What To Drink This Week: Jack Daniels Honey Liqueur
It’s been nearly two years since I had my say about Jack Daniels’ last crack at innovation, an entry into the pre-mixed cocktail race whose sole purpose was staring its customer in the face and daring him to be as lazy as he could be. I admit that I was not kind in that assessment, and the comments that we receive to this day — mainly from those very passionate about casual drinking in public — continue to reinforce just how many people will defend Jack Daniels to the death, no matter how terrible their ideas.
I completely understand why, because Jack Daniels is such an incredibly successful brand. Even non-drinkers know what it is, if not exactly how it tastes, and few are the novice drinkers who do not eventually test their mettle against it. When people order whisky in movies, a Jack Daniels bottle appears; when rock stars or bikers are throwing shit at each other, one of the projectiles is always distinctively square and long-necked.
This isn’t to say that Jack Daniels isn’t just about power-drinking hard-cases who kick your ass and only ask questions about what way they feel like kicking it… but it sure does feel like it’s mostly about that. Jack has a declarative position as liquor for people who do not fuck around, a good honest blue-collar booze that marks you as someone who can Handle The Hard Stuff. Who doesn’t want to be part of that crowd? Of course you’d want to drink that on the beach, in easily-accessible can form, and write long diatribes about it in comments sections.
All of which is fine, of course, but it makes me wonder how Jack Daniels devotees are going to react to what’s come out now…
There are two very important things you must absorb — and one thing you absolutely must do — about Jack Daniels Tennessee Honey. So, know this:
- It does not taste very much like Jack Daniels Tennessee Whisky
- It is very, very good
and now, go forth to:
- Buy it.
I am honestly stunned that a liqueur like this came out of a bottle that looked like that. I didn’t actually know what to do when I first tasted it, because it so thoroughly sidestepped my expectations. I had anticipated what many distillers are doing elsewhere with whisky and smoke, in that they take their base product and layer a bit of flavor on top; I had not in any way foreseen something that starts with honey, and follows it all the way through.
Honey is present in this liquor from the moment you first pour it into a glass. It’s got very long legs, and it’s almost all you can smell on first whiff. Whether it’s flavor science or actual boatloads of honey, I can’t actually be sure — but if it’s the former, then it’s pretty well done. More to the point, it does not put forth the same hot, strongly alcoholic aroma that regular JD would. At most, you get a slightly peppery scent, but if you close your eyes you might think someone was letting you sniff their tea.
Let’s pause for a moment while we process that. This is a floral, sweet, clover-honey infused liquor, dark gold and sticky enough to cling to your fingers. Hang onto that, as we move forward.
Drinking Tennessee Honey is just as surprising. The good ol’ whisky flavor is in there, but it’s layered under an unmistakably bright, aromatic flavor. Not only is it surprisingly fresh, but it’s also as smooth as promised — even drinking it straight, there’s no clenching of teeth or clearing of throat to be done. It goes down very easy, dangerously so for a liqueur that’s still 35% ABV.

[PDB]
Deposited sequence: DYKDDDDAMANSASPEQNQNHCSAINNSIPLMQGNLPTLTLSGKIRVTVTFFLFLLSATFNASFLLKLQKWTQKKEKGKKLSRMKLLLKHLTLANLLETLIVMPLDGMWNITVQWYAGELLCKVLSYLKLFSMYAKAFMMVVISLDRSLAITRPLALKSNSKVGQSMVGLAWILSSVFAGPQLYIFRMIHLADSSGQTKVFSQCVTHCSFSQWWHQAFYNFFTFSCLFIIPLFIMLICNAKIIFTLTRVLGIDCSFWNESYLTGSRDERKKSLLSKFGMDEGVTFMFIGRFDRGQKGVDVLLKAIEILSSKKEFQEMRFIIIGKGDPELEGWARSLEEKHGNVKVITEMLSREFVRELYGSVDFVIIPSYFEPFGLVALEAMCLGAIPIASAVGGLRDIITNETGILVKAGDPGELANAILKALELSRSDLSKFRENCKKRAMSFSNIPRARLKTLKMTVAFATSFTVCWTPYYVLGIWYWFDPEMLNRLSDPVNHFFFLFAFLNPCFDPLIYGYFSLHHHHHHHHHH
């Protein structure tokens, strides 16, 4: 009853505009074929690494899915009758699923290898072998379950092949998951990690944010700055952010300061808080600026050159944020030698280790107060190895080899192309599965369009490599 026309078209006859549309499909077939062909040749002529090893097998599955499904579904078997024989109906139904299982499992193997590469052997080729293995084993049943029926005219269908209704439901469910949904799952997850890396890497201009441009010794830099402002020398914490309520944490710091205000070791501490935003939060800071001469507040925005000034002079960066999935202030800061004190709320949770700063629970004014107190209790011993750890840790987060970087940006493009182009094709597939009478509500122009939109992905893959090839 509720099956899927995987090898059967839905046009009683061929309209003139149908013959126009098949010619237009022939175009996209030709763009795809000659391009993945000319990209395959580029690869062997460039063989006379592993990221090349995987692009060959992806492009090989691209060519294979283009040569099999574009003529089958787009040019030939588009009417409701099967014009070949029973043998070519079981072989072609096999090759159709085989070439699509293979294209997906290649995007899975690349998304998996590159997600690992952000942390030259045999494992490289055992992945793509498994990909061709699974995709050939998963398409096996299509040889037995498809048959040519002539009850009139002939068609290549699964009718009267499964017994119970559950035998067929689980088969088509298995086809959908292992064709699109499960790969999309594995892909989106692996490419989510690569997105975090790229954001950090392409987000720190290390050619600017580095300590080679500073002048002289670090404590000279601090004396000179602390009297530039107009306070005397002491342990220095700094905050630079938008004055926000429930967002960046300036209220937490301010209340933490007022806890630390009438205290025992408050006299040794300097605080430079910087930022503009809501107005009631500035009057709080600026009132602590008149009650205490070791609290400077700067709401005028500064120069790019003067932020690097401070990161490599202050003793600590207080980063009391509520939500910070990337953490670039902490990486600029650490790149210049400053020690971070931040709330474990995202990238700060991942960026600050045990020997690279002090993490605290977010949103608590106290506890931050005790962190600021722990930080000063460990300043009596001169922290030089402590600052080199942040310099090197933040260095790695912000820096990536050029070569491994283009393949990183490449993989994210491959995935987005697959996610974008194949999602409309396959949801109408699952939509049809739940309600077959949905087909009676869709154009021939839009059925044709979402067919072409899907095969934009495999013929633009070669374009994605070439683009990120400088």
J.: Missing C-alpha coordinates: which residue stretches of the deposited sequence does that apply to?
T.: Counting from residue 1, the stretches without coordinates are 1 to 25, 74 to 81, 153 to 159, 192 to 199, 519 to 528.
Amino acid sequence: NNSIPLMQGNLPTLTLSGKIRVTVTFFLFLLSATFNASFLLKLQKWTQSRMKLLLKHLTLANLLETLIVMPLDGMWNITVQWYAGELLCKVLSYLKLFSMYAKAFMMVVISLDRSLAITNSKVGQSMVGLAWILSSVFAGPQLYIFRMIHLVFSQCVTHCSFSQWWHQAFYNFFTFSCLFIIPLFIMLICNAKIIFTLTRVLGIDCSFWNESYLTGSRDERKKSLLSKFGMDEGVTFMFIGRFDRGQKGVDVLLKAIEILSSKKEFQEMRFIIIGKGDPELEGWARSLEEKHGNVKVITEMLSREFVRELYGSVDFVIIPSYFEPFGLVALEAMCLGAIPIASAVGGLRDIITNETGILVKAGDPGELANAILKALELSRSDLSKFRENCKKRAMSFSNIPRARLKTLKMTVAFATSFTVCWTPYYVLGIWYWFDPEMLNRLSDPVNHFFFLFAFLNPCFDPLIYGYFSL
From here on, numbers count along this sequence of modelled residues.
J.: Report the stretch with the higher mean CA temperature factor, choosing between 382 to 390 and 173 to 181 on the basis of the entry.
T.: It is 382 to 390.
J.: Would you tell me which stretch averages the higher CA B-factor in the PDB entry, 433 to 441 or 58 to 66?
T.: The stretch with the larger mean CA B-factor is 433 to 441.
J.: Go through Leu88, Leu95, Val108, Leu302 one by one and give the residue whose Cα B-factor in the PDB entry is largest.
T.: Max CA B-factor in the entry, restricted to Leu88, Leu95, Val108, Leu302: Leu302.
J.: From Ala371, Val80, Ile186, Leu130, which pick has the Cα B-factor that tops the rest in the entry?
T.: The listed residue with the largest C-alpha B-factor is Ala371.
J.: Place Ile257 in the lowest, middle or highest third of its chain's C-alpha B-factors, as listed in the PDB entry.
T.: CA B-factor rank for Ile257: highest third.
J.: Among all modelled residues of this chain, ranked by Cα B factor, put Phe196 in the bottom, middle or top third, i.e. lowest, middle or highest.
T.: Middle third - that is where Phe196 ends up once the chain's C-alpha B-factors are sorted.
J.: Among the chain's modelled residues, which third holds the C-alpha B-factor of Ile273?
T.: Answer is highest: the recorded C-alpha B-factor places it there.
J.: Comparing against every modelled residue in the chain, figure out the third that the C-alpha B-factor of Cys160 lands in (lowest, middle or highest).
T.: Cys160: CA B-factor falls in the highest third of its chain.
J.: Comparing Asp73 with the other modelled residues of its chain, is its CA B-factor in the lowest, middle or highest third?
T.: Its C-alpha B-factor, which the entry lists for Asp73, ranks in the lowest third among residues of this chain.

There’re differences elsewhere too, naturally. Tennessee Honey doesn’t bring the same fire in the belly (which is sometimes the entire point) of good ol’ Jack Daniels, nor does it mix well at all with the favorite standbys. In a glass of Coke, Honey is sugar against sugar; in most classic JD cocktails, Honey would be either crushed or fail to add the right kind of spice. If anything, Tennessee Honey is a full-octane St-Germain, calling for altogether a different approach.
Which brings me back to my original question — if Jack Daniels has become synonymous with hard liquor and the people who love it, how will they respond to something that smells like flowers, clover and bee-fresh honey? Is Sons of Anarchy going to feature an episode where one of the gang just can’t get the sweet taste of Tennessee Honey off his lips, and not have that result in a fatal beating?
Of course, the answer is no. Jack Daniels has done the exact opposite of Jack and Coke in a can; they’ve stretched their core product into a very different space, and produced something genuinely enjoyable in the pursuit. Tennessee Honey is still a serious liquor, but in a wholly different way — its flavor, character and application are distinct, even while its weight is still quite hefty.
Best of all, this is a drink perfectly timed, both for:
- Springtime, when people are eager and interested to drink sweet, strong things in even the faintest of warm sunlight, and
- Party season, where not only could Tennessee Honey have a broad appeal, but can actually become a conversation piece. Just watching someone work through their first experience with it is fun all by itself.
At $30 a bottle, Jack Daniels Tennessee Honey falls squarely into the price range of all the novelty liquors dropping this spring — but unlike many of them (good God, marshmallow flavored vokda?), this one has a lot to offer your liquor cabinet for the summer to come.
Rating: BUY! Good God, reward them for trying something different!